The Houston Astros are going to the World Series, having defeated the New York Yankees on Saturday by a 4-0 score in Game 7 of the 2017 American League Championship Series (GameTracker). Houston will take on the Los Angeles Dodgers beginning on Tuesday.

But before we look too far ahead at the World Series matchup, let's revisit one of the most crucial plays from Game 7. It happened during the fifth inning, when Astros third baseman Alex Bregman threw out Greg Bird, who was attempting to score and knot the game at 1-1. 

That's how the play ended -- here's how it progressed, still frame by still frame.

Before the contact


This is right after Todd Frazier made contact. Keep in mind, Aaron Hicks is at first base and there's one out in the inning, so Bregman has to decide whether he can turn two or not. He decides he can't -- in part because the play is slow developing -- which means he can do one of two things: Concede the run and get the out at first, or get greedy and try to get the out at home while maintaining the lead.

Before the throw


This is before the throw, obviously. Bregman had to move in and adjust to his left so he can be prepared to throw.  He does it smoothly, and gets off a strong, accurate throw.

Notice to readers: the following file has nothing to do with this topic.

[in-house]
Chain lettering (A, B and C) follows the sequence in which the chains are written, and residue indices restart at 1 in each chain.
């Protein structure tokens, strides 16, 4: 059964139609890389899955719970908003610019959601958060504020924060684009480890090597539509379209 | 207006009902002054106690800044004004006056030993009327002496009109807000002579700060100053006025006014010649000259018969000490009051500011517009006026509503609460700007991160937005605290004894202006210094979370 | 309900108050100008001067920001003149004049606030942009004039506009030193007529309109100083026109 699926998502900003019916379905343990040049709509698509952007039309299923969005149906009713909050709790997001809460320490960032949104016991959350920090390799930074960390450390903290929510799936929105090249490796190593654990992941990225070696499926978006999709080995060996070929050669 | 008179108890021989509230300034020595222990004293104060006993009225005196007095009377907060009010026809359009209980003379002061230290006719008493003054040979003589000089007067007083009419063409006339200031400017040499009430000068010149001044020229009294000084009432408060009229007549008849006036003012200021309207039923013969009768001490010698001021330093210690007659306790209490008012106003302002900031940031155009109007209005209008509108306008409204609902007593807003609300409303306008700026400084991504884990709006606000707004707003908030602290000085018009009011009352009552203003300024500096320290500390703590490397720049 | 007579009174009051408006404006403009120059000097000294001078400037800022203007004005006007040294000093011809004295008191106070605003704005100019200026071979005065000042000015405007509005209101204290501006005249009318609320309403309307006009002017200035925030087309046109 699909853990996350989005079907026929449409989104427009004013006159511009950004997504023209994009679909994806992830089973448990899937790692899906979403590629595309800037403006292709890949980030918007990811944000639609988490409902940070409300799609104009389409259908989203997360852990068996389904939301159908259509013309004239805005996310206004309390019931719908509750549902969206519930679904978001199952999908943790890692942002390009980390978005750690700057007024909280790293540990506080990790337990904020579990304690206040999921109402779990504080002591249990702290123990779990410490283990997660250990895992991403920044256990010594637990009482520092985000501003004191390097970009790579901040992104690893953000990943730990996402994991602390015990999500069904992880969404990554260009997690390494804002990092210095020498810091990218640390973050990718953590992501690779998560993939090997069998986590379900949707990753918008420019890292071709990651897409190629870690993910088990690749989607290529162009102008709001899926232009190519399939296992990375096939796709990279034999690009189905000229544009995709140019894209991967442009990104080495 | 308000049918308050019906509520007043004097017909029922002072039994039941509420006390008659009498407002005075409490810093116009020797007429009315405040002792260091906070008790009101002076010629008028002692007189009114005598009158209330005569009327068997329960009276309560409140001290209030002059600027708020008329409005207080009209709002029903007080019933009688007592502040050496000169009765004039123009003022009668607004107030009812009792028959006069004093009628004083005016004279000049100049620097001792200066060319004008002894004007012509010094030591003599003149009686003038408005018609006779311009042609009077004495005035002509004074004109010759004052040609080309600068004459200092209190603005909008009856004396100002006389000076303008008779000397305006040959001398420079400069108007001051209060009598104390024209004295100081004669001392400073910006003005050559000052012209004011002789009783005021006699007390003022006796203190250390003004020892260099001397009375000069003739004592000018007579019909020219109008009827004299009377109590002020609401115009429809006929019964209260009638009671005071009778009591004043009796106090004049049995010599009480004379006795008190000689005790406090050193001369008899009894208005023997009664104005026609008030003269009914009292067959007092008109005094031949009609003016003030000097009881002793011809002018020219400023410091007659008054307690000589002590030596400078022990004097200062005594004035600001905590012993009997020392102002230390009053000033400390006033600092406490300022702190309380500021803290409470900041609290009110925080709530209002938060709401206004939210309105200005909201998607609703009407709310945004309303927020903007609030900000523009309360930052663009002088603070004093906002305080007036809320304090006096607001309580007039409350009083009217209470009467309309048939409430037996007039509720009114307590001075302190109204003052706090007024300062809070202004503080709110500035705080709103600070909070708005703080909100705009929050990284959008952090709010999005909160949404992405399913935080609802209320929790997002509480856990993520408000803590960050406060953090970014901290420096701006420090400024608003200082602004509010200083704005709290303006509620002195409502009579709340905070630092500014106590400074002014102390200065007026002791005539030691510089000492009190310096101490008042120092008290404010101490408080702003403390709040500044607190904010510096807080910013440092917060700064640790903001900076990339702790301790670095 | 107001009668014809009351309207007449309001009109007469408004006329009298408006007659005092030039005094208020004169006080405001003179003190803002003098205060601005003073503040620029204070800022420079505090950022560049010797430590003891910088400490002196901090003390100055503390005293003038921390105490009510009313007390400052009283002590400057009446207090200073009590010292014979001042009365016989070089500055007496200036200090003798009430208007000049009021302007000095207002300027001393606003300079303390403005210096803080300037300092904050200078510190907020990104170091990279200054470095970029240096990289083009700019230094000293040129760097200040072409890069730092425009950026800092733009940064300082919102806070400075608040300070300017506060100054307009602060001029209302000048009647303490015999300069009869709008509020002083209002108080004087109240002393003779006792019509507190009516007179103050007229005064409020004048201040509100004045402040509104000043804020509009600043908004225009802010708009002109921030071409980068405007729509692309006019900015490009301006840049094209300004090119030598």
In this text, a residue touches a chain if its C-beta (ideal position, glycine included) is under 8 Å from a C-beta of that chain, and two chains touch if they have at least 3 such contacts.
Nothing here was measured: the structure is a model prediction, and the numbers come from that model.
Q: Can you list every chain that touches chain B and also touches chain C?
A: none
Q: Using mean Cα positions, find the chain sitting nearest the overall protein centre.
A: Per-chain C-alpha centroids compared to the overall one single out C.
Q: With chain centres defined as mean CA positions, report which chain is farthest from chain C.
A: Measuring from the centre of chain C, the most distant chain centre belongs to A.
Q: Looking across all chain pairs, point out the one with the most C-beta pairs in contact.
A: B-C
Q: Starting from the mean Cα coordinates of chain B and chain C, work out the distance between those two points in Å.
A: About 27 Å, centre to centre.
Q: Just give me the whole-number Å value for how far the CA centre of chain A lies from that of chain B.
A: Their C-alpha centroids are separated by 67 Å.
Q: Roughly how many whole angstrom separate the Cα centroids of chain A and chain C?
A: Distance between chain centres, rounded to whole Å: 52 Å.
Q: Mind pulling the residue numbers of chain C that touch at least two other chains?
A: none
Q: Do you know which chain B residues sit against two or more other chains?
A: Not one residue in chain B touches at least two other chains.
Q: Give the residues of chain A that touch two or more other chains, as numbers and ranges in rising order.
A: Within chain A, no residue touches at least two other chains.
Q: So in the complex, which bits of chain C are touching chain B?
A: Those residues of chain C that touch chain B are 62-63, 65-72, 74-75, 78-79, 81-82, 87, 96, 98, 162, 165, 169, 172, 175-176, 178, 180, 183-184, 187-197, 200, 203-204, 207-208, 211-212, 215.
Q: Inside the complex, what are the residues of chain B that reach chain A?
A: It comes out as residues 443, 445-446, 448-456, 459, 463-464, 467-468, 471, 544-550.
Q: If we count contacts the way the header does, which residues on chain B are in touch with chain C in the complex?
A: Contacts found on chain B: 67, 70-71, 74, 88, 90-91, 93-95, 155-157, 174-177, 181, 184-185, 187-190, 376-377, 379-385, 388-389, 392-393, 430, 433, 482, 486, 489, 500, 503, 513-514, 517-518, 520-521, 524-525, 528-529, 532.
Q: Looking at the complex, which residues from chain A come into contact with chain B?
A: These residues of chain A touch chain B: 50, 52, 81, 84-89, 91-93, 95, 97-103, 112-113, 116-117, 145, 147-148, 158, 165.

McCann makes the catch


There you see the ball coming to catcher Brian McCann's low target with Bird well away. Bird is one of the slowest runners in baseball -- he ranked 379th in the Sprint Speed metric -- and he's essentially a non-factor at this point. All McCann has to do is receive the ball cleanly and apply the tag without falling into a Willson Contreras-like trap by blocking Bird's path.

McCann applies the tag


And yup, that's McCann applying the tag after the clean snare and swipe.

In retrospect, this play looks easier than it should -- and therefore less risky. Again, if Bregman's throw is a little off, or if McCann messes up, then the Yankees have two runners on board with one out in the inning and the tying run across. There's a fair chance New York tacks on another run to take the lead. At minimum, it changes the dynamic.

The Yankees did not score a run, though -- not then or at all. Instead, the Astros added three more runs of their own in the bottom half of the inning, and that was more than enough. As a result, Bregman is a genius rather than an idiot. That might sound too simplistic, but that's baseball for you -- it's a make-or-mock kind of sport.